Bosma calls on Lincoln himself to help emphasize GOP message

Sunday, April 13, 2014

Invoking the words of Abraham Lincoln himself in closing his Putnam County Lincoln Day address Sunday afternoon, Indiana Speaker of the House Brian Bosma charged Putnam County Republicans to "do their duty."

It is important, Bosma said, to convey the party's mission and philosophy in an effort to help reverse national trends and continue the success Indiana has experienced the past 10 years.

Challenging Putnam County Republicans "to do their duty" and help spread the word about the mission and philosophy of the party, Indiana Speaker of the House Brian Bosma addresses the local Lincoln Day audience Sunday at the Community Building on the local fairgrounds.

He left the local GOP faithful with the words of America's 16th president: "The past is the cause of the present, and the present will be the cause of the future."

Expanding on that theory, Bosma said Hoosiers, like the Putnam County folks in attendance at the fairgrounds Sunday afternoon, "just need to do their duty." Inherent in that, he said is voting and organizing the party at the grassroots level to ensure the government they want to see.

America could do well, Bosma suggested, to emulate the success of Indiana has seen the past 10 years, rebounding from what he called "dysfunctional government" to enact major legislation during 2014 alone that will provide first-time state funds for pre-kindergarten education for low-income children to investing $400 million in roads and bridges to enacting measures to improve Indiana's workforce.

"Ladies and gentlemen," Bosma said, "let me tell you, you need to be proud of what your legislators have done."

Since 2005 when a new Republican majority emerged in the House, Bosma said things have been on the upswing in Indiana.

"We had a vision to change how Indiana works," the speaker said.

And as a result, Indiana has the fewest state government workers per capita in the nation and owns the lowest residential tax rate in the country.

"We had a vision of freedom from overregulation," he added, and that ultimately has led to the elimination of 40 boards and 400 bureaucratic appointments and this year alone, the repeal of 4,000 pages of Indiana code that Bosma called "burdensome for Hoosiers" and how business was being done in Indiana.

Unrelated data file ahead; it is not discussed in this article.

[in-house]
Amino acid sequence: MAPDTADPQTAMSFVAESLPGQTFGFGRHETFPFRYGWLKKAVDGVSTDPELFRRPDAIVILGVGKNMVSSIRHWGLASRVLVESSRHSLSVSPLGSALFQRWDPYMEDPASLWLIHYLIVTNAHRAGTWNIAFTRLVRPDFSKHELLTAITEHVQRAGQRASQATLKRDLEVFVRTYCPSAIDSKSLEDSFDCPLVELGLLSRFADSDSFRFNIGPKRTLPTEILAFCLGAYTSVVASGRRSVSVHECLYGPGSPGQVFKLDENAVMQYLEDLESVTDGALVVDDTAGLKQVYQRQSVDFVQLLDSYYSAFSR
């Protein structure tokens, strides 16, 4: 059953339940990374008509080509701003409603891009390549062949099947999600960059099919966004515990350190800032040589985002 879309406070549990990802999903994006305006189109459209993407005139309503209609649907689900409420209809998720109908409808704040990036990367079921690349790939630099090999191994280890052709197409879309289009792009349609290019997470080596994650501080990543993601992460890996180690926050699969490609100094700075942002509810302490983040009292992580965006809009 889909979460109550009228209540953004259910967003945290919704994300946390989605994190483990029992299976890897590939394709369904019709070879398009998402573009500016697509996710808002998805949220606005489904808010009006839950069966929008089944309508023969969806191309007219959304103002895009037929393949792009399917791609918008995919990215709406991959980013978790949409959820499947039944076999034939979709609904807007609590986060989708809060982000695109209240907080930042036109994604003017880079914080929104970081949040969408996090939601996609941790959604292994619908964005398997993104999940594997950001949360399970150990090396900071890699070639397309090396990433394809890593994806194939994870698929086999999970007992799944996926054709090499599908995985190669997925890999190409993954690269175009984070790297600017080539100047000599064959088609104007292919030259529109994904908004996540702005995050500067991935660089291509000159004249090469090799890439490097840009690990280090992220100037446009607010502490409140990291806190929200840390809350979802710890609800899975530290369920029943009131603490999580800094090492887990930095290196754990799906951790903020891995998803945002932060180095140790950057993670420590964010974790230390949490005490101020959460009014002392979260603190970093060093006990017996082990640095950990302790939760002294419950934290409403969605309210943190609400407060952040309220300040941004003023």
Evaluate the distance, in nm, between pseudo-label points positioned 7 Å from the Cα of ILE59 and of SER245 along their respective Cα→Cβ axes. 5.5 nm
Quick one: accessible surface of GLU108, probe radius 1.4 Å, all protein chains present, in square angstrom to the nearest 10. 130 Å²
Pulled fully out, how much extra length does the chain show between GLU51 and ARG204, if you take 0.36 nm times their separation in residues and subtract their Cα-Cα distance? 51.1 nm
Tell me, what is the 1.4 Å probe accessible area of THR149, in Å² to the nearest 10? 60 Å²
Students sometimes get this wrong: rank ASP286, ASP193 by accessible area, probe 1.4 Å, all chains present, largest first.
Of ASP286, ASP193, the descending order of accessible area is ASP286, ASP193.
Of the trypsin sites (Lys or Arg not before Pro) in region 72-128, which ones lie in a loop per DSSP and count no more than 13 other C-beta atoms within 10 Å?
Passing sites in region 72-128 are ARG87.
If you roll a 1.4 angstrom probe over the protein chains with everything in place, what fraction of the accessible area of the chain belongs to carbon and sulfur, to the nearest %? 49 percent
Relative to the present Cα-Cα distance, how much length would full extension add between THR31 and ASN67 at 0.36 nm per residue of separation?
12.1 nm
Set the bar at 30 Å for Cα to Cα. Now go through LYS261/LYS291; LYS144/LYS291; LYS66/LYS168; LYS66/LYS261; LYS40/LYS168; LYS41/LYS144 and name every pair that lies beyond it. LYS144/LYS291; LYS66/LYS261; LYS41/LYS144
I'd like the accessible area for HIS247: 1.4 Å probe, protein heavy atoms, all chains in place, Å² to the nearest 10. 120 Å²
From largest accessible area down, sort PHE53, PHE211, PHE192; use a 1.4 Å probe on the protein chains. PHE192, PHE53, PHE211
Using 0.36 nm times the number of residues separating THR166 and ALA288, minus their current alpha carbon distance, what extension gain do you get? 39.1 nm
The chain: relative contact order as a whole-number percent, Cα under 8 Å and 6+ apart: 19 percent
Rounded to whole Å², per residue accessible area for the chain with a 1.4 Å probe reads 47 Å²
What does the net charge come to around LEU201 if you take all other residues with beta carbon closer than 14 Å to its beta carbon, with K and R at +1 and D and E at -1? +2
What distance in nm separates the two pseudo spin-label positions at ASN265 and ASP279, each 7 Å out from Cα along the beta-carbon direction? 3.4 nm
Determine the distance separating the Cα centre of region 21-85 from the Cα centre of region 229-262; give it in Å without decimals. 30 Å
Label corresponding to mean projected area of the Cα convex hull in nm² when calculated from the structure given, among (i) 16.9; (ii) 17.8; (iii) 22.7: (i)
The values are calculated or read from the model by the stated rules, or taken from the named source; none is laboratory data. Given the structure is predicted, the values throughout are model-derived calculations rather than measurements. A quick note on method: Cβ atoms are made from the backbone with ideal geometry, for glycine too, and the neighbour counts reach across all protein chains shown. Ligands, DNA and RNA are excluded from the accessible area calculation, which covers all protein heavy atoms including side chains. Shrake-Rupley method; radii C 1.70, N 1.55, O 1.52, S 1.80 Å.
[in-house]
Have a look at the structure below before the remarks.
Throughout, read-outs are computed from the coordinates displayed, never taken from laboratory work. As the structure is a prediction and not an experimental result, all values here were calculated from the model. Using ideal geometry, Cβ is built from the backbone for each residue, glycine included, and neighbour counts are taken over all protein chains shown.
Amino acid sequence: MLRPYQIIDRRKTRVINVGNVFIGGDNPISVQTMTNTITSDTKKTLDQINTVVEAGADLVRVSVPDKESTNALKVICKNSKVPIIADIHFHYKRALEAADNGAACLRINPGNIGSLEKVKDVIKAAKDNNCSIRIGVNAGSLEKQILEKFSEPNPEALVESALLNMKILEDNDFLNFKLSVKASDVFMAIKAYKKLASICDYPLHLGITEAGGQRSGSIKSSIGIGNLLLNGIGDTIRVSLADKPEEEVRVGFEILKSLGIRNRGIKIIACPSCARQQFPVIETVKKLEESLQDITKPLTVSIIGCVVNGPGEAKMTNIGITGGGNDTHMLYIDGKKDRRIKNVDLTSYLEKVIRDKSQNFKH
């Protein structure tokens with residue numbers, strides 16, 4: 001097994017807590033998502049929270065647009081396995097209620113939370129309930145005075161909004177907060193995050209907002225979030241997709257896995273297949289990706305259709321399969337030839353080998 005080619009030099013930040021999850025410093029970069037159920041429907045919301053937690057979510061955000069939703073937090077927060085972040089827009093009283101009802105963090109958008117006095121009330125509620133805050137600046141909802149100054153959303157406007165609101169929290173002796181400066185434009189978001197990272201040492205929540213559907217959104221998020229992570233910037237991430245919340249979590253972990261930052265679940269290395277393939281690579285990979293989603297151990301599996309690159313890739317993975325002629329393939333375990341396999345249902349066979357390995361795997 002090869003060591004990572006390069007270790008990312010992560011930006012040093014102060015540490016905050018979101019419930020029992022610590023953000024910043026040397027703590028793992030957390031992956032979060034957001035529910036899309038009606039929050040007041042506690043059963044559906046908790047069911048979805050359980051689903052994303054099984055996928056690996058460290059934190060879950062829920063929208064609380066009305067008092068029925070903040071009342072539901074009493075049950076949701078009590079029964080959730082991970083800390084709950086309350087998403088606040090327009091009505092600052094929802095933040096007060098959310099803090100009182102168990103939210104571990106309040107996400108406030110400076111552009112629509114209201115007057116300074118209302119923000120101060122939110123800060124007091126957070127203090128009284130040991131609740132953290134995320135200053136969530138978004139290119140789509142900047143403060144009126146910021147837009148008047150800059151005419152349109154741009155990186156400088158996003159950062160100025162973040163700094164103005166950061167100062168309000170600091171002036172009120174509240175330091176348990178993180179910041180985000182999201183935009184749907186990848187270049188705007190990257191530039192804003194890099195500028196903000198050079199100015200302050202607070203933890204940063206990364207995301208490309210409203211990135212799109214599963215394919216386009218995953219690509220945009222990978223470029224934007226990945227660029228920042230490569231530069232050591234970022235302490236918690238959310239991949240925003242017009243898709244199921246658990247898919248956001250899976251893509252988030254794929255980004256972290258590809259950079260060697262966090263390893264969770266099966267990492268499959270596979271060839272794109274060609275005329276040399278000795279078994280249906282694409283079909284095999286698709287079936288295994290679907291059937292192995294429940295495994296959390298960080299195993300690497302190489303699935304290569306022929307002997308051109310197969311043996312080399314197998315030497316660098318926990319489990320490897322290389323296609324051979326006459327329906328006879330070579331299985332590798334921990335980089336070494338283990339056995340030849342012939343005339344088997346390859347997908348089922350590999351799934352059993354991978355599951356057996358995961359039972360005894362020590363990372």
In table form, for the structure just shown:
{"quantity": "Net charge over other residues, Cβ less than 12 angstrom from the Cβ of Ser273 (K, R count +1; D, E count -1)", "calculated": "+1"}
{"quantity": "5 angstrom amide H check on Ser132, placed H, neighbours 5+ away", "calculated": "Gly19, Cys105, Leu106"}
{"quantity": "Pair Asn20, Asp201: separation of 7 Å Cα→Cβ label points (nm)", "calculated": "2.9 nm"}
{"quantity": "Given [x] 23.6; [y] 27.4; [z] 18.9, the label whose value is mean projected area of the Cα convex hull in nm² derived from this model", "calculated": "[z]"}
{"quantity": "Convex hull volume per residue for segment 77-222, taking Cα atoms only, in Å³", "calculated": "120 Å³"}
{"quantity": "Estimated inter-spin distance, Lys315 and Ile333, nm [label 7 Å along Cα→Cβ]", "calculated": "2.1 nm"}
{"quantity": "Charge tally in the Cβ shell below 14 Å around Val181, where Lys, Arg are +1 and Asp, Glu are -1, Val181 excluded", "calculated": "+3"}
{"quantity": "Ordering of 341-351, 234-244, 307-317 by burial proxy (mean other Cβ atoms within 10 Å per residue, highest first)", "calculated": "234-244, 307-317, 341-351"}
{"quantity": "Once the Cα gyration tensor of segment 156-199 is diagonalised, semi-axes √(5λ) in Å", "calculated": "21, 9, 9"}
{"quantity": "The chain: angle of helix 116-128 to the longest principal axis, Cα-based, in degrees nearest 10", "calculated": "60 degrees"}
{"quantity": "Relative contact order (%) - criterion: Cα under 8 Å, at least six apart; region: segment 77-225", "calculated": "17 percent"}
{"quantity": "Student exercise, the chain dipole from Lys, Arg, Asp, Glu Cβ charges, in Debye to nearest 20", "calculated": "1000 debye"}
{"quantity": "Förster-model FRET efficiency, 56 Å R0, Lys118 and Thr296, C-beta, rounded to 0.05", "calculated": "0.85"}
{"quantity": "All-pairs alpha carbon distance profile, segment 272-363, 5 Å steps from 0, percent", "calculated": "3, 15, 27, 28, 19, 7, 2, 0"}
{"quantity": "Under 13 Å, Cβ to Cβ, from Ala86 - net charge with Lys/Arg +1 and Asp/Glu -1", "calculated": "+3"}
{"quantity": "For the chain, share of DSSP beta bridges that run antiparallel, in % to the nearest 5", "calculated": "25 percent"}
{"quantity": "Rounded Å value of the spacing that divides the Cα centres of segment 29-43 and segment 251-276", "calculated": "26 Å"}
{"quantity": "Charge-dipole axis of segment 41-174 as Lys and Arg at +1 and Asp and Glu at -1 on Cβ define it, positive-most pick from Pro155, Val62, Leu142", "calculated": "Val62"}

The Legislature, he said, also had a vision of "every Hoosier voting, and voting just once."

He stressed that voter ID laws, currently under attack by the Democrats and their secretary of state candidate Beth White of Marion County, are vital to ensuring a proper election.

"Voter fraud, prior to photo ID," Bosma said, "was rampant."

The Indiana voter ID law simply makes Hoosiers offer photo identification "to prove who you are, something you had to do at Blockbuster, back when there was a Blockbuster," the keynote speaker pointed out.

Meanwhile, Indiana Secretary of State Connie Lawson, who represented Putnam County for 16 years as a state senator, told the gathering she was running her first statewide campaign, while noting that her opponent "wants to undo all the recent election reforms," including voter ID and online registration.

"The changes we've made," Lawson stressed, "make it easier to vote and harder to cheat."

Running for re-election as Indiana's 4th District congressman, Todd Rokita addresses the annual Putnam County Lincoln Day gathering Sunday afternoon at the fairgrounds in Greencastle.

She praised Putnam County voters for their past support and asked for it again this year.

"I know that without Putnam County I would not be secretary of state today," she said. "I look forward to working alongside you again."

U.S. Congressman Todd Rokita, seeking re-election in the 4th District, also addressed the voter reform issue.

"It is not good," he said, "to take away photo ID at the polls. We need to keep Indiana a shining example of what election reform looks like."

Comparing his Republican party and the Democrats in power nationally, Rokita said the GOP has always trusted people to run their own lives while the other side of the political aisle tends toward government running peoples' lives.

He called that discrepancy "a dependency of government vs. the blessing and dignity of work."

And he turned to the Bible for an example of the work ethic Hoosiers and Republicans hold near and dear.

"In the Bible it says, 'God put Adam and Eve in the garden,'" Rokita noted, "'and they worked it.'"

At the core of the situation, the congressman said, is that "as Republicans, we fight for everyone so they can build better lives for themselves and their families."

"We said 'enough was enough,'" he said, "and we were going to live within our means and end the endless borrowing of funds."

To do that, the General Assembly did things like repealing the lifetime health care benefit for legislators.